- Anthony Frank Hawk, better known as Tony Hawk, is an American skateboarder. Tony Hawk is recognized as the most influential figure in skateboarding, pioneering vert skateboarding techniques and being the first person to land a 900° aerial spin successfully. The founder of a skateboard company named after his nickname of Birdman - Birdhouse - Tony Hawk has licensed his name out to a variety of companies to help draw attention to the sport of skateboarding. The most notable company he has done this with is Activision, who has developed a number of skateboarding games under his name. The first instalment in the so-called Tony Hawk's series was the 1999 PlayStation title Tony Hawk's Pro Skater, which has continued with five additional Pro Skater titles and a multitude of other games.
Tony Hawk's one special move idea would have revolved around him summoning a rail and grinding across it to deal damage to anyone in the way, with Tony Hawk falling helpless afterwards or should he get hit.
Other Scrapped Elements
Hibiki Tachibana (Another)
Hibiki Tachibana's alternate universe counterpart - henceforth referred to as "Hibiki Tachibana (Another)" - from the Senki Zesshō Symphogear XD Unlimited mobile game was originally planned to appear in Jake's Super Smash Bros. in some capacity. Originally Hibiki (Another) was planned to appear as a Dash Fighter of her original universe counterpart, differing from Hibiki in several smaller ways including having her Elekleid combat armour for her Final Smash. After being scrapped in that regard, she was originally going to be brought in as a set of alternate costumes for Hibiki, this time differing only through voice clips. She was scrapped in this role again, as it was thought that this my have been too confusing an idea for some people who may be unfamiliar with the Symphogear franchise or multiverse theory. Additionally, Hibiki Tachibana (Another)'s default appearance is near-identical to that of her original counterpart, thus it may have been too confusing to have two characters who look too similar to another yet be (somewhat) considered separate.
Miho Nishizumi: Princess Principal Costume
Originally, Girls und Panzer protagonist Miho Nishizumi was to have an alternate costume that had her dress in the outfit of Ange le Carré, the main protagonist of the anime series Princess Principal. This was originally thought about due to the existence of crossover artwork released by Actas, the company behind both anime series, depicting both protagonists wearing each others' main outfits: Miho dressed in Ange's spy costume and Ange dressed in the Ooarai Sensha-dō uniform. This alternate costume would have been paired with a dark brown Panzer IV recolour mimicking that of the car that the Principal Team drove in the opening sequence of the original Princess Principal anime.
This alternate costume would eventually be replaced with Miho wearing a Boko costume and a pink Panzer IV recolour.
Sephiroth: Alternate Costumes
Originally, Sephiroth was planned to be included using his normal design, with more humanoid proportions, being based off his design from FINAL FANTASY VII REMAKE. The idea to use Sephiroth's super deformed design from WORLD OF FINAL FANTASY was to differentiate him from his Super Smash Bros. Ultimate appearance, which takes inspiration from both his designs from FINAL FANTASY VII and, more prominently, FINAL FANTASY VII: ADVENT CHILDREN. While no recolours were created for this design, it was planned to have Sephiroth have special alternate costumes depicting him as shirtless (which was carried over to his chibi design) and with his Kingdom Hearts attire - the latter being based off its design from DISSIDIA FINAL FANTASY NT.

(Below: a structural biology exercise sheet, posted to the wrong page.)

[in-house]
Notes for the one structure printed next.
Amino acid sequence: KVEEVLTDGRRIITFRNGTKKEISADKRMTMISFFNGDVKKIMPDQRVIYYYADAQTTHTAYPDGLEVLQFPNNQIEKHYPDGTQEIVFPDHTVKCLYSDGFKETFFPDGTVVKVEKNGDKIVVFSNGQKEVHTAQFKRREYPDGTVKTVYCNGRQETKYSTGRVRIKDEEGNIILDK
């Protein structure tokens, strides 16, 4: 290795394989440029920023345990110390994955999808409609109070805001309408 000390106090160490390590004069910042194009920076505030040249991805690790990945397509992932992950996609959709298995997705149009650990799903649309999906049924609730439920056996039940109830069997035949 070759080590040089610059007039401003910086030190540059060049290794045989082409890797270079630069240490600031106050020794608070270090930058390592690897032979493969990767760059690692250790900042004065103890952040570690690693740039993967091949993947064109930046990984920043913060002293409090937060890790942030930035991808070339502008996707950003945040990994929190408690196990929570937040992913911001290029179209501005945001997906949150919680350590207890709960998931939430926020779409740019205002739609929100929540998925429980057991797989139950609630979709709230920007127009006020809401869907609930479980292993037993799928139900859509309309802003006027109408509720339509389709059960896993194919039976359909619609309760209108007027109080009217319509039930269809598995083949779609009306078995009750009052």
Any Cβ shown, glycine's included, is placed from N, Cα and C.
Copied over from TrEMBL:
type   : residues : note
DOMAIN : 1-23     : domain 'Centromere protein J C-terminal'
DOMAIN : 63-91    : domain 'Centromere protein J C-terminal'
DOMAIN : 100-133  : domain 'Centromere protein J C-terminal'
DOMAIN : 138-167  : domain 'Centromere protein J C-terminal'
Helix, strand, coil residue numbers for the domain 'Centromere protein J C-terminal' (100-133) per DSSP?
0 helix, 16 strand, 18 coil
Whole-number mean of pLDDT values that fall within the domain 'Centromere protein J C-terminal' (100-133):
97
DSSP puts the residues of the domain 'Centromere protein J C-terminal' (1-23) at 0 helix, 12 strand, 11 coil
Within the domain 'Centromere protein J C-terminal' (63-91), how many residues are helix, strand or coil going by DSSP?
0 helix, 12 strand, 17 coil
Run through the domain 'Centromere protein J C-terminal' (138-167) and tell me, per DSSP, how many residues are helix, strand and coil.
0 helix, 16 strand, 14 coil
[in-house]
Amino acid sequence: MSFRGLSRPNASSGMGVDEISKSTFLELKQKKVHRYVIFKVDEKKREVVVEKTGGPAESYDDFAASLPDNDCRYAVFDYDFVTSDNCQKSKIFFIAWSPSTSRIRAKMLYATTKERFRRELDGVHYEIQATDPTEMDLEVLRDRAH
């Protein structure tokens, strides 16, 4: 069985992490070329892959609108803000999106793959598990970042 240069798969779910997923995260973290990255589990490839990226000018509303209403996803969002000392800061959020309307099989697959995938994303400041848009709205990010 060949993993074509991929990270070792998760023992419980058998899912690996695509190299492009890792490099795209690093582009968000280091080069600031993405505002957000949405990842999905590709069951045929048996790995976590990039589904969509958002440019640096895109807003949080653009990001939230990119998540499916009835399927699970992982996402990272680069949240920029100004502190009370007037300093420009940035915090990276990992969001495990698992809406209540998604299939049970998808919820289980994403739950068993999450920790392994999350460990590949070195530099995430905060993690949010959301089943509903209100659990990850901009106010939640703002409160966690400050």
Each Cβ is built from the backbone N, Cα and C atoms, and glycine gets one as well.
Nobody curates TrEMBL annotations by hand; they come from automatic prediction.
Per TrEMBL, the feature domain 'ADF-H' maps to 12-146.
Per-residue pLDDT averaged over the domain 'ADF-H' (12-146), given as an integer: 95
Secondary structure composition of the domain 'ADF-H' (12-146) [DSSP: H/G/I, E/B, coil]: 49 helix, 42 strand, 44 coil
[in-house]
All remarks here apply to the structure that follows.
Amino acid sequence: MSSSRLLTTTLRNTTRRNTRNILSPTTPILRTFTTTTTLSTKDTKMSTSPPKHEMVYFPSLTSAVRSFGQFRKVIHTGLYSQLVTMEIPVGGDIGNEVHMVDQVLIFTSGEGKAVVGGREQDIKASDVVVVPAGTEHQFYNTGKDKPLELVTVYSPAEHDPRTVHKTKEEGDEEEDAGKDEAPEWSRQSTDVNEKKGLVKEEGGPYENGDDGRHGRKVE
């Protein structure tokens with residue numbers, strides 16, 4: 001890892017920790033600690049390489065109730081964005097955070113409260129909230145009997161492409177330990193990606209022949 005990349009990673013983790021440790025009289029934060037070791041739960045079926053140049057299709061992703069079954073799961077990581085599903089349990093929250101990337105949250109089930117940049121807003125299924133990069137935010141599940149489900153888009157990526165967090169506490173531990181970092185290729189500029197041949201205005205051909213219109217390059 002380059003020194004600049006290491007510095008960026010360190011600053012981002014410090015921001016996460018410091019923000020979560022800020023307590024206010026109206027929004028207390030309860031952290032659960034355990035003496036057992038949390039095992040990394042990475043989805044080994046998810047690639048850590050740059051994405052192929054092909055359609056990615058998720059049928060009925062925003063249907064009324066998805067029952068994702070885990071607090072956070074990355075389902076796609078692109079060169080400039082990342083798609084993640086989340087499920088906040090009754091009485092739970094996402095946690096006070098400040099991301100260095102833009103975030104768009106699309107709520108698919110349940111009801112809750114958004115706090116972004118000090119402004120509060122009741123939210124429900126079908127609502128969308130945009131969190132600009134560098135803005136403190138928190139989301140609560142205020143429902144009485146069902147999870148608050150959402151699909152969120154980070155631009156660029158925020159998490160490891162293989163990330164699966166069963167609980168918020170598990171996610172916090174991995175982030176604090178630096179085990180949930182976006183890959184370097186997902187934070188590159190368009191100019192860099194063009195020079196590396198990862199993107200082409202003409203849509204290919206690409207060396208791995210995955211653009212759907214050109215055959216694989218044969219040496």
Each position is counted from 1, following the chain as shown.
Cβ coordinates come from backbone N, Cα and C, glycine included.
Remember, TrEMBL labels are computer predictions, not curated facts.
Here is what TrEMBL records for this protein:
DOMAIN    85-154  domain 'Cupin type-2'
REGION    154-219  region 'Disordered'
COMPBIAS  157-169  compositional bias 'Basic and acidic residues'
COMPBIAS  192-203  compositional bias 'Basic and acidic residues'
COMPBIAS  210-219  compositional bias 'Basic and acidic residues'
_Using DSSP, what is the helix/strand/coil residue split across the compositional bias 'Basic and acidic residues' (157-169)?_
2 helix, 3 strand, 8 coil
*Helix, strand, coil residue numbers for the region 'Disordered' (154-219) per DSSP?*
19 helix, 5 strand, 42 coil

After the decision to go with a chibi-styled appearance was made, Sephiroth was to have an alternate costume that gave him the colour scheme of Genesis Rhapsodos, or G, the main antagonist of CRISIS CORE -FINAL FANTASY VII-. This costume was scrapped as it was deemed too similar to another one of Sephiroth's alternate costumes; specifically, the one that draws inspiration from the design of Kefka Palazzo from FINAL FANTASY VI.
Unused Recolour Costumes
Several characters had alternate recolour costumes created that simply just went unused, usually due to being too similar in appearance to other costumes. In many cases, these alternate costumes were swapped out with others last-minute.
Unused Series Symbols
Some series were originally planned to have series symbols different than those that would end up appearing in the final game. Many times, these symbols are replaced with more recognizable ones or symbols that better represent the franchise they originate from. It should be noted that, while not noted here, every series that appears in real Super Smash Bros. titles use different series symbols in the final version of Jake's Super Smash Bros., though this was not always the case; early in development, most Super Smash Bros. series symbols returned for Jake's Super Smash Bros. before being replaced.
The series symbols below depict the following:
- Banjo-Kazooie: The logo of Rare Ltd. (the company that created the Banjo-Kazooie series); and the hexagonal outline of a Honeycomb item from the series.
- Magia Record: A stylized version of a Soul Gem.
- Senki Zesshō Symphogear: The f-esque scar that appears on Hibiki Tachibana's décolleté area; and a more accurate depiction of the Symphogear crystal that appears as part of each candidate's Symphogear design.
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· Scrapped content